“People fail to get along because they fear each other; they fear each other because they don't know each other; they don't know each other because they have not communicated with each other.” ―Martin Luther King Jr.
Thank you for introducing yourself to me on the school yard when I was new to the community. Had you not, I don’t know if I would have extended a hand.
When I first saw you in the neighborhood, I avoided eye contact. I couldn’t see passed the hijab. Your headscarf represented to me a religion of negativism and extremes, a culture of anti-Semitism, and a stifling of the modern woman. I passed judgment, was ignorant and afraid. I quickly concluded that we were from different worlds, and hence unable to find common ground; until we did.
Our sons’ fast friendship, much to my surprise, led to ours. Several conversations, a few workouts, and a shared hookah later, I learned some things.
First, your commitment to Islam is rooted in a spirituality that transcends all religions.
When I recently asked, “What did you learn from making pilgrimage to Mecca?” you shared with me along with the young people at the local mosque that in light of the experience, both positive and negative, you returned grateful for the gifts God gives us as free, healthy human beings and with an understanding that He loves us, imperfections and all.
At home, modesty, daily prayer, study, and diet are the tangible rituals you choose to demonstrate your love for God, but that love is also deeply evident in the thoughtful way in which you respect yourself, interact with others, approach parenting, nurture relationships, and care for patients.
Your words and actions remind me that we are all connected; Muslim, Christian, Jewish or otherwise.
Second, you have an open, accepting, and generous heart.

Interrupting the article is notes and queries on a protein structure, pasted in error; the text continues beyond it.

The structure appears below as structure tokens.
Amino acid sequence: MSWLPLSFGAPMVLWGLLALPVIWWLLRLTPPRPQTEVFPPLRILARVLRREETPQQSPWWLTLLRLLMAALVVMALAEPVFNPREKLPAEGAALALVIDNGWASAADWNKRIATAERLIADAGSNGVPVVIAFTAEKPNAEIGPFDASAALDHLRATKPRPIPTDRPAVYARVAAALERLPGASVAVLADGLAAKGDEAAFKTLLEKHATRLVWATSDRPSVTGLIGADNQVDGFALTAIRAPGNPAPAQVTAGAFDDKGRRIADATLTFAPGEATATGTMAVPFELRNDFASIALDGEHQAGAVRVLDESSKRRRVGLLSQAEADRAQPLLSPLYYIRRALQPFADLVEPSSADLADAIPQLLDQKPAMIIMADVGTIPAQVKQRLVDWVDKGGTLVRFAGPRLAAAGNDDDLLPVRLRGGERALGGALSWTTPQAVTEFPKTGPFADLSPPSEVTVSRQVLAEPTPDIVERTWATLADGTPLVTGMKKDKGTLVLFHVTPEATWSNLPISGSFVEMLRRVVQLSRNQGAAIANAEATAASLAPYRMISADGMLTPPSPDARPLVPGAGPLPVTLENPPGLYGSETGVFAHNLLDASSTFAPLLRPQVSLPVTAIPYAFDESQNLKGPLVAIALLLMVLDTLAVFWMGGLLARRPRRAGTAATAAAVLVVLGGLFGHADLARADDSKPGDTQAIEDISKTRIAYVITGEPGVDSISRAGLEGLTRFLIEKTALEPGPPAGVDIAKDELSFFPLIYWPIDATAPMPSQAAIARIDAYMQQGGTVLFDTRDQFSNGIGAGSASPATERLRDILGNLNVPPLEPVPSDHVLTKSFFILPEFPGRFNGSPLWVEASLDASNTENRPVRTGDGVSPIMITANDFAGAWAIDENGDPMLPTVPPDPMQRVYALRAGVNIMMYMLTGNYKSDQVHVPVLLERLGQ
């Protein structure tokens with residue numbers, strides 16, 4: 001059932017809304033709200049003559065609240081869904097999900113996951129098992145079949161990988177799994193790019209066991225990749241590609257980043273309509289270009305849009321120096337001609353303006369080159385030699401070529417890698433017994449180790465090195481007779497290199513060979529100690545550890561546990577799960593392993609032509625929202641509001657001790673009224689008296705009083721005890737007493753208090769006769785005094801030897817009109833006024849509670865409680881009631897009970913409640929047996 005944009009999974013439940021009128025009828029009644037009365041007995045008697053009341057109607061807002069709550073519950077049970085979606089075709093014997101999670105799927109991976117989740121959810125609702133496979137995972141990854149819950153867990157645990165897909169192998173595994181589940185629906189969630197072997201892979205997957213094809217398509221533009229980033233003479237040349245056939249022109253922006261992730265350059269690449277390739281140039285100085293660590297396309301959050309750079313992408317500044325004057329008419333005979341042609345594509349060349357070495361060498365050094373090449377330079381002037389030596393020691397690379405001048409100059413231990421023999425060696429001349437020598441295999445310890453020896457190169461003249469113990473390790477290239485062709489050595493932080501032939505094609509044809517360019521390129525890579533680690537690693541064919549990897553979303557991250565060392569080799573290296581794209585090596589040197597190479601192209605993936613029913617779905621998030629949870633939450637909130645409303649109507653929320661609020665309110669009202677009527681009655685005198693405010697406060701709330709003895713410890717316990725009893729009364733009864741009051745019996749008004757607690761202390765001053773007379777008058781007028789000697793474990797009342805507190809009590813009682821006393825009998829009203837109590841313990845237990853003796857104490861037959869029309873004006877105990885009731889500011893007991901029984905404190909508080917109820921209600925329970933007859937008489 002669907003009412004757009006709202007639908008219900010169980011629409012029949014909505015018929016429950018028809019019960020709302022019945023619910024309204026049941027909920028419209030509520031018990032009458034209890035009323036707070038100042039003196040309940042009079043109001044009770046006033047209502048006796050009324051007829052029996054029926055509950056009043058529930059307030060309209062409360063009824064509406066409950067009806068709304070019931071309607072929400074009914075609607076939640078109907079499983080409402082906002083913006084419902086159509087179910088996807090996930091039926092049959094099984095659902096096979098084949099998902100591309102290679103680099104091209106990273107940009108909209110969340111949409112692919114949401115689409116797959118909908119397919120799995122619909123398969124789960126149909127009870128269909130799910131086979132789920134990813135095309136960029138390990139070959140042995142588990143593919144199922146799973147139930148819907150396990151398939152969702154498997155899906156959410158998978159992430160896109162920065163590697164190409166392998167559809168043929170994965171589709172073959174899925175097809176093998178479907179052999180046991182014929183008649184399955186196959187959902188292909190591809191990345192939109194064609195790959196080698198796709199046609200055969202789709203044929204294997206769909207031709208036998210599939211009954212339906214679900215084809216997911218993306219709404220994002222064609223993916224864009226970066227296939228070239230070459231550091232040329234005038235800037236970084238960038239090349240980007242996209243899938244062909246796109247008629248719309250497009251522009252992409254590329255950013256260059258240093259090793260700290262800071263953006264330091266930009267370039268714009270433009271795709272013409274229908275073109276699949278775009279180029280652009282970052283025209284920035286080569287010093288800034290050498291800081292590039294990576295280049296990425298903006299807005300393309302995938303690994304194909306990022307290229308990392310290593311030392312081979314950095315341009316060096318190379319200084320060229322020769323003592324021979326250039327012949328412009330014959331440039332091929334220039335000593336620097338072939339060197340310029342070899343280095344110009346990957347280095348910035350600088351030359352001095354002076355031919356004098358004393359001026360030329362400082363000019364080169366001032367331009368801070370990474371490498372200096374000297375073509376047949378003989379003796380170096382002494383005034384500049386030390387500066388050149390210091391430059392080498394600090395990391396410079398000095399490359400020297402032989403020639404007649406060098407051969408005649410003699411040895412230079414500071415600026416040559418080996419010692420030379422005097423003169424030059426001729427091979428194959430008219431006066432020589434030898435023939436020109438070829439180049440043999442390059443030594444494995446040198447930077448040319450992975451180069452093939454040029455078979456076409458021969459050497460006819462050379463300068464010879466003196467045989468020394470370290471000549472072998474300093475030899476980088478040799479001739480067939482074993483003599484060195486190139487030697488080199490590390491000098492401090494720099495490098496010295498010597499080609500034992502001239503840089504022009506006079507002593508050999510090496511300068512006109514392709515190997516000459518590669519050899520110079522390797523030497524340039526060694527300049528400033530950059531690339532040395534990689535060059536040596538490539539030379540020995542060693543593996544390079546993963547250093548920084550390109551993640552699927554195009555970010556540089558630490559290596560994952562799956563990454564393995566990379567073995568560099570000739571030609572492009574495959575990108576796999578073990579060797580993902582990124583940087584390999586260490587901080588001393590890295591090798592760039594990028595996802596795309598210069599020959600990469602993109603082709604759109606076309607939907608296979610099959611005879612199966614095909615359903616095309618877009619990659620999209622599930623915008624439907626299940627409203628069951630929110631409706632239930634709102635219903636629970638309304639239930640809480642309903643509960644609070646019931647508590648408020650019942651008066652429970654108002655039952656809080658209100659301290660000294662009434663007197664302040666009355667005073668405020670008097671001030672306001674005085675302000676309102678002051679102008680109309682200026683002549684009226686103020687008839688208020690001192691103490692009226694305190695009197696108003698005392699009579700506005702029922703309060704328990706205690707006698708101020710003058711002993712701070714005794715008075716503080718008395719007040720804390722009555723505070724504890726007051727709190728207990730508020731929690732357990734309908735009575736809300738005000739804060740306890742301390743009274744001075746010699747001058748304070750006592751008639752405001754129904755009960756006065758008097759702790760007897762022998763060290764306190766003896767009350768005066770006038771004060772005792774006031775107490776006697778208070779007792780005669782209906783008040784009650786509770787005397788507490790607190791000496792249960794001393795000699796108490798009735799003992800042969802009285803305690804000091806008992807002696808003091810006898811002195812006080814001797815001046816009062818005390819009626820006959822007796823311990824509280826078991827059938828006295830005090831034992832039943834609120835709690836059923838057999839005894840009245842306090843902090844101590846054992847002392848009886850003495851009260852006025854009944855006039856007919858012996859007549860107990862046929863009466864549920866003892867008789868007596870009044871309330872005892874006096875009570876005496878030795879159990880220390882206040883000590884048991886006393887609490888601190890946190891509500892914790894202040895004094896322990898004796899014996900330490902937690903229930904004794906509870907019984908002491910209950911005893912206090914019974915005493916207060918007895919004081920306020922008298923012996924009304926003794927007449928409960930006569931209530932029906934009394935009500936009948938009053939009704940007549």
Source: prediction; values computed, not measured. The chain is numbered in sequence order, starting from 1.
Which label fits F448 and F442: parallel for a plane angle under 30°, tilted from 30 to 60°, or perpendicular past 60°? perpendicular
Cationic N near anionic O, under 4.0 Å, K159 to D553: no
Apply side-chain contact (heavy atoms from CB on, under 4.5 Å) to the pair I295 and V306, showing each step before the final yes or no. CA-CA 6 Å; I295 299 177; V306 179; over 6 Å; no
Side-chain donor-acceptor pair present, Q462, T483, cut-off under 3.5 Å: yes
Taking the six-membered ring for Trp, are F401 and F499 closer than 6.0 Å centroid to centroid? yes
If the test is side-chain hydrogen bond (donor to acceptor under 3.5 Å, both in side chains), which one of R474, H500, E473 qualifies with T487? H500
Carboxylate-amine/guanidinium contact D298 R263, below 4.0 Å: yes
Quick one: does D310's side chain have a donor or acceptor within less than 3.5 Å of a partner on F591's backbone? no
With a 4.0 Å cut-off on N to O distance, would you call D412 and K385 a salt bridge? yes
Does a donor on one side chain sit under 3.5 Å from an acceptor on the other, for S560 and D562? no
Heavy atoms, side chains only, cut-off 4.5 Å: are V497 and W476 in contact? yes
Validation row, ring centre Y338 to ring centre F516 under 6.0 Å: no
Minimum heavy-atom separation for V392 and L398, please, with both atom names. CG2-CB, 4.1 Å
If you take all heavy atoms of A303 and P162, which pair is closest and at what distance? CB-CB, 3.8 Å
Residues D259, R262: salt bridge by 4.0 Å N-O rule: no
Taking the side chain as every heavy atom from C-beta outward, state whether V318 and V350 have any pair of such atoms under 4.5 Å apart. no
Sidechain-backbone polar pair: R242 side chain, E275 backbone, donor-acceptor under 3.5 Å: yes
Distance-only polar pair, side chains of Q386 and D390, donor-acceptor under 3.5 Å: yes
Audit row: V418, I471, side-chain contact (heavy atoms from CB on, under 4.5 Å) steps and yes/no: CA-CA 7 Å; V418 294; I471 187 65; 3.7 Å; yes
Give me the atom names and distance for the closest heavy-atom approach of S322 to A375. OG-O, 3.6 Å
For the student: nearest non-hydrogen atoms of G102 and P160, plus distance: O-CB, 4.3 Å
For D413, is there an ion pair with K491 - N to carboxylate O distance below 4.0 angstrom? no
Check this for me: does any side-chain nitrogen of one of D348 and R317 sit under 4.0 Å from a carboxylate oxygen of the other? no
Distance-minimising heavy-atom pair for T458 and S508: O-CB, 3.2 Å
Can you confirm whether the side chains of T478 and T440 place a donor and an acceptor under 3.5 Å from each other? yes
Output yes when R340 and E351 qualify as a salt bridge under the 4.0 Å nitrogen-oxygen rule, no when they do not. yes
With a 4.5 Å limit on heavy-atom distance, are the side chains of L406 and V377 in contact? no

As a Christian woman raising Jewish children married to a man with a strong connection to Israel, I was worried that friendship might be tricky. I was wrong.
From day one, you welcomed my family into your home. You share your culture, answer questions, appreciate our traditions, and join us for holidays. When my son swallowed a marble, you were at my door despite having worked a full day to help out and offer advice. When I had jury duty, you spent the afternoon with my boys even though your children had busy schedules of their own. You think of my family whenever you cook or travel, and thanks to your charming sweet tooth, my children affectionately refer to you as, “The Candy Fairy.”
The goodness that emanates from you inspires me be better.
Third, you are an advocate for women; a role model for your son and daughters.
Your dress might be traditional, but your ideas and actions are progressive, willful, and strong. I was moved when in an effort to understand practices, question inequities and evoke change, you approached Muslim women in the streets of Mecca and asked how they felt wearing a khimar, a long garment covering their head, neck, and shoulders, ran errands in pants to encourage dialogue, and questioned local leaders about the sanitation of the city.
Every day I watch you work tirelessly to support your family, use your education to help others, handle conflict and struggle with grace and perseverance, tackle new adventures with uncanny energy, act zany, be fun, and simply love life.
You are an exemplary, modern American woman who I am proud to call my friend.
Connection and communication helped me to confront prejudice, challenge stereotypes, and understand a culture that I knew only through media, politics and hearsay. I have renewed hope for future generations when I see our sons playing, laughing, and treating each other as brothers.
The hijab is not a symbol, but a frame; for the beautiful person you are outside and within.